I walked into the maternity floor and sat in the room I was supposed to be in, and a nice nurse came and set me all up, and then left me alone...and my mind started racing.
Last week on this blog I talked about how much I love having babies...I love the hospital stay, the smell of the sheets, the excitement, the visitors, everything about it. It's all true. But that day, actually BEING there, in the hospital, on the floor where I'll soon be staying-and maybe it was just my state of mind at the time (anxious, worn down from parenting five children 24/7 all summer long, and very very uncomfortably pregnant) I began to feel the opposite. I had a bit of a brain break-down.
Like this is REAL. I'm really really having a baby. (I didn't just eat a whole watermelon like it looks like above!) This time, I didn't just remember the good stuff...that seemed to all vanish. The smell, sights and sounds brought back all of it...the hard stuff too. The frightening physical pain towards the end of labor that there is no preparation for (no matter how many times you've experienced it!), the overwhelming love I feel when that baby is born but that is soon followed by the same dose of overwhelming responsibility, that quiet time when everyone leaves to go home after the baby is born-Jeff to the kids at home-and I am left bone-tired and in bed (and yes, in love with the bundle in my arms) and with quiet that leads me to think, "Holy Moley, can I handle all this? What was I thinking 9 months ago? I'm just a kid, I can't take this baby home! They shouldn't let me! And all the ones at home that still need me? I can't do this!" No matter if this was one baby or six (!) I know those teary feelings, that weight on my shoulders, will come again. I will feel very, very vulnerable. I will feel self-doubt. I will feel scared. Scared to death.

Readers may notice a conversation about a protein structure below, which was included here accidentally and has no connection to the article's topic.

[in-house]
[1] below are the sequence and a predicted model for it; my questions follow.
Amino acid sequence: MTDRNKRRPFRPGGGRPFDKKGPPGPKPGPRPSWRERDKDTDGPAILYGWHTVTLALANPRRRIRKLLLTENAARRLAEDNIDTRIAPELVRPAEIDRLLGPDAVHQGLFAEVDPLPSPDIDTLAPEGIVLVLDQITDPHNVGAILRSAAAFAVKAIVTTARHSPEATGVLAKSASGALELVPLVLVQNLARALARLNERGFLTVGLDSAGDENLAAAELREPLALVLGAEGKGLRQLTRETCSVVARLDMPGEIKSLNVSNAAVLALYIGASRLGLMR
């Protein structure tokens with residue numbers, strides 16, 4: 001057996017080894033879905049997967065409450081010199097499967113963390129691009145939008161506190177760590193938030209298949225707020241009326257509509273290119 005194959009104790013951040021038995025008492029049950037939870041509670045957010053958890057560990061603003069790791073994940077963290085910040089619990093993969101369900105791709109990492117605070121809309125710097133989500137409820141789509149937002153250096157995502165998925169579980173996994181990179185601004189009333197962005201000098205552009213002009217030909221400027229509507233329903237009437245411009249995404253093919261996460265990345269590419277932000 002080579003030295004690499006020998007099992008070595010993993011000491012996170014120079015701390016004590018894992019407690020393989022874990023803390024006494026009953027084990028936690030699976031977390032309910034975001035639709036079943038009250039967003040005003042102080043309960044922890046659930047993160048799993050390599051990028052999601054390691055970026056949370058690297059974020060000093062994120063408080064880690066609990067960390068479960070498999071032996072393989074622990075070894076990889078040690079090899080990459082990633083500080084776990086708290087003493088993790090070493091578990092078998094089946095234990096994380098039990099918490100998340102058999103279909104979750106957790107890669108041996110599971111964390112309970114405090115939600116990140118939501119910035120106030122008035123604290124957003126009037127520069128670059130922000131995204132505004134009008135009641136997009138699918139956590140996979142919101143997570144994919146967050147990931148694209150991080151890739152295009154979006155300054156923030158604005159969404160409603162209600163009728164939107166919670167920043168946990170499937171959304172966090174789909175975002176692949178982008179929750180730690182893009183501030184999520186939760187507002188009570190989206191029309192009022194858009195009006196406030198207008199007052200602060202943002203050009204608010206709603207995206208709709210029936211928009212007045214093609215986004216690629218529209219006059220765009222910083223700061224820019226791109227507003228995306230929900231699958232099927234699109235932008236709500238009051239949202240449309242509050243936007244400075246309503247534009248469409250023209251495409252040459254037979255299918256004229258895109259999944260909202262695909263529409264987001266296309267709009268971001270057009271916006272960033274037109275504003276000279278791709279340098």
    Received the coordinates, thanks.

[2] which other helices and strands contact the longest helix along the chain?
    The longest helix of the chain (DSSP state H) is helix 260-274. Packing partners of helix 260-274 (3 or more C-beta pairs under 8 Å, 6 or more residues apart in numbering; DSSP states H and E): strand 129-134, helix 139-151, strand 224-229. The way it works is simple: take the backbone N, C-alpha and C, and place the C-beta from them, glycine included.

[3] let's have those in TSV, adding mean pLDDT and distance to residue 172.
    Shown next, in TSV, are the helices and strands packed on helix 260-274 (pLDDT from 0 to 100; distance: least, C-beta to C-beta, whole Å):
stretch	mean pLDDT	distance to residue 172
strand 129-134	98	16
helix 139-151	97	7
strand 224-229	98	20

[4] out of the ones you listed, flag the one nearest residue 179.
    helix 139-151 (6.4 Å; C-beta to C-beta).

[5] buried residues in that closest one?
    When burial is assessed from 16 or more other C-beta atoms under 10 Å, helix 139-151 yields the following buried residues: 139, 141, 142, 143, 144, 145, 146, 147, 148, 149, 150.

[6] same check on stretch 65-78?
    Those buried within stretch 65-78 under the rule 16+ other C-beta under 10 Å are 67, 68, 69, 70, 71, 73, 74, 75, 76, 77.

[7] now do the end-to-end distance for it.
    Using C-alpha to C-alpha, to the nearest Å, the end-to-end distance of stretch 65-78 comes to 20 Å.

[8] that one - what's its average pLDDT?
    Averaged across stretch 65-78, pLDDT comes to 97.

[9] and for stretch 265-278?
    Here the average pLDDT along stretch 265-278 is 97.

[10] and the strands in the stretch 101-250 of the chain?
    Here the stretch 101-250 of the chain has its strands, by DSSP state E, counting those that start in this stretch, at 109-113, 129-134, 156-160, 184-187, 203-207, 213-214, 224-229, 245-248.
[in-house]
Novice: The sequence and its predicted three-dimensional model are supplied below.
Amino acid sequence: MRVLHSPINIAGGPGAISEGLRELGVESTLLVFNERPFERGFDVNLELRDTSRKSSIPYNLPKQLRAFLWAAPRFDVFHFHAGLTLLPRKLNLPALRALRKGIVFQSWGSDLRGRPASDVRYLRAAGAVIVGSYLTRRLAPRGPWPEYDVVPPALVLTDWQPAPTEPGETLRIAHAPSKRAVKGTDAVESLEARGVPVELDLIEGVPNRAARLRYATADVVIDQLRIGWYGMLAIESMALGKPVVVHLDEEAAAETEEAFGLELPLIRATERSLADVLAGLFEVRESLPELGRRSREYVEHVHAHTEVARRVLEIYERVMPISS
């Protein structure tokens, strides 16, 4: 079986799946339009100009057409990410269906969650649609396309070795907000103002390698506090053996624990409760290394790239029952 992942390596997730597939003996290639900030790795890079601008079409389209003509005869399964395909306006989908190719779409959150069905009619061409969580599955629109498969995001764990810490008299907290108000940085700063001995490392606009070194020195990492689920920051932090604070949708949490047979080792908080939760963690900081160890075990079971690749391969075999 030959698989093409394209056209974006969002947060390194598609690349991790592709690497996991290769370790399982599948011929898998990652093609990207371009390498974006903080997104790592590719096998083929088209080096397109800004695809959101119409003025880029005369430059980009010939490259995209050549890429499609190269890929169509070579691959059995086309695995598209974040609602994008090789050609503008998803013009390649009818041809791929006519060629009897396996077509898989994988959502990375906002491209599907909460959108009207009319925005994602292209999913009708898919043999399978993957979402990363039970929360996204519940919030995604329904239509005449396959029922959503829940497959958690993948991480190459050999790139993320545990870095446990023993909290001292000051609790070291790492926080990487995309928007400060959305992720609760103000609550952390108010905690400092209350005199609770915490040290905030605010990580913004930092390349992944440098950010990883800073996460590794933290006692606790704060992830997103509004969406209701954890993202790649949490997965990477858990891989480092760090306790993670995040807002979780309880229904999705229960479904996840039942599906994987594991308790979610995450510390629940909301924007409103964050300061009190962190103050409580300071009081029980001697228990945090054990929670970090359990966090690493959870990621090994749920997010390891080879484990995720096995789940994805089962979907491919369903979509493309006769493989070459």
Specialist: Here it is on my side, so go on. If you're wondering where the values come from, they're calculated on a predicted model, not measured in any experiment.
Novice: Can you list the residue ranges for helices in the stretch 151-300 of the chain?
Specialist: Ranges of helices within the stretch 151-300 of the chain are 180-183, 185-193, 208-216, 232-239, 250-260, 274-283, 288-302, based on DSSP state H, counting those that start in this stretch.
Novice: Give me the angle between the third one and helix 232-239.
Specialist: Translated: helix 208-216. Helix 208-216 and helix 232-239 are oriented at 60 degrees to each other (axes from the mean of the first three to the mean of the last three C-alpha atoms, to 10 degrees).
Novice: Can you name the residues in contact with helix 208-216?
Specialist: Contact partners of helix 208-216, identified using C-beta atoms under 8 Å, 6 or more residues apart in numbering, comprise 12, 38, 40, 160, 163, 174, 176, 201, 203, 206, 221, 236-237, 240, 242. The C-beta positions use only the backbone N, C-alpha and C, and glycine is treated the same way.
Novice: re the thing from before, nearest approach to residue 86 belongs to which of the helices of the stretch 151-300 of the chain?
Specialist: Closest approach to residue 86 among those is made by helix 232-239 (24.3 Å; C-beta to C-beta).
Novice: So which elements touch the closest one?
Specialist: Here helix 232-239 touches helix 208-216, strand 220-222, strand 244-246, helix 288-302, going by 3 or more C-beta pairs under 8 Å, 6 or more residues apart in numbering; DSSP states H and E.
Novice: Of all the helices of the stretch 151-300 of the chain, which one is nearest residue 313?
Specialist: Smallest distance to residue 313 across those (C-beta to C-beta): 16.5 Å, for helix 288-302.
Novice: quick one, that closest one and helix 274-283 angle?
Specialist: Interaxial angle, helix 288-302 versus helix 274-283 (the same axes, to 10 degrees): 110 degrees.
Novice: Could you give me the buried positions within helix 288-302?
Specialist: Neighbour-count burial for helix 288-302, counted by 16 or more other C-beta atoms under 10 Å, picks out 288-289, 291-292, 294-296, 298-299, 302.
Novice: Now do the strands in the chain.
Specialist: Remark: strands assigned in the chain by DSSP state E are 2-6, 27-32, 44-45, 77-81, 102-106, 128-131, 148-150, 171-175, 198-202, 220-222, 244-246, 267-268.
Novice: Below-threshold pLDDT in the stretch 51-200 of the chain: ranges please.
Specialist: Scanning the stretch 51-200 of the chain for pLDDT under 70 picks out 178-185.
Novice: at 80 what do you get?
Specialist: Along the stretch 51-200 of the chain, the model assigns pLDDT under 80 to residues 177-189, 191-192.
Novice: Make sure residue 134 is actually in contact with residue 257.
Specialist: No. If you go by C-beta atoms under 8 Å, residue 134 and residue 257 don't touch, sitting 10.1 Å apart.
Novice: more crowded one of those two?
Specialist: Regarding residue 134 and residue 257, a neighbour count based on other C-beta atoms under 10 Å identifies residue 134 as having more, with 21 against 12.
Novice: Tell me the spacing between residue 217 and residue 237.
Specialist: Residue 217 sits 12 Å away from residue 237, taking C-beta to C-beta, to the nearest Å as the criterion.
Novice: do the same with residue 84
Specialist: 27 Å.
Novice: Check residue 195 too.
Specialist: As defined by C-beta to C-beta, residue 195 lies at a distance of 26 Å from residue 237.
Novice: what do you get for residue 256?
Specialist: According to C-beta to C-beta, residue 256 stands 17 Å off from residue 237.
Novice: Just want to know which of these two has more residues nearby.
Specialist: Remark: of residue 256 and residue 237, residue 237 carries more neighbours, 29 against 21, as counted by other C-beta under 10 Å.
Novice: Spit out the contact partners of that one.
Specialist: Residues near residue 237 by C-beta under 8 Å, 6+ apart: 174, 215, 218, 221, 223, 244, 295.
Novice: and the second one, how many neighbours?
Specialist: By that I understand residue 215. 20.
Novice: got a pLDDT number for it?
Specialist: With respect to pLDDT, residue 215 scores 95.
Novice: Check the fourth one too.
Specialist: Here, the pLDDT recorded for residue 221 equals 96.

And for a minute that day, I thought, hooked up to those monitors the other day, watching the little heart beat go up and down, "Maybe I'm OK with just staying like this-hugely pregnant-forever. This just might be easier."
But staying stagnantly, endlessly pregnant is not really an option, nor do I really want that. (God, no!) But moving forward requires so much of me, and the reality of it all is enough to make me, for a moment, let my mind choose to travel over the hard stuff.
My nurse came back and unhooked me, and everything with that sweet little baby looked good. And I got myself up out of that chair (no easy task) and walked (waddled?) my way out of the hospital. I got in my mini-van and drove home and fixed lunches, and swept the floor, and refereed arguments and answered endless questions and drove someone to a practice. I had to stop entertaining my doubts, my fears, my anxiety, but was almost grateful that I had the quiet time to do it-to get it all out of my system.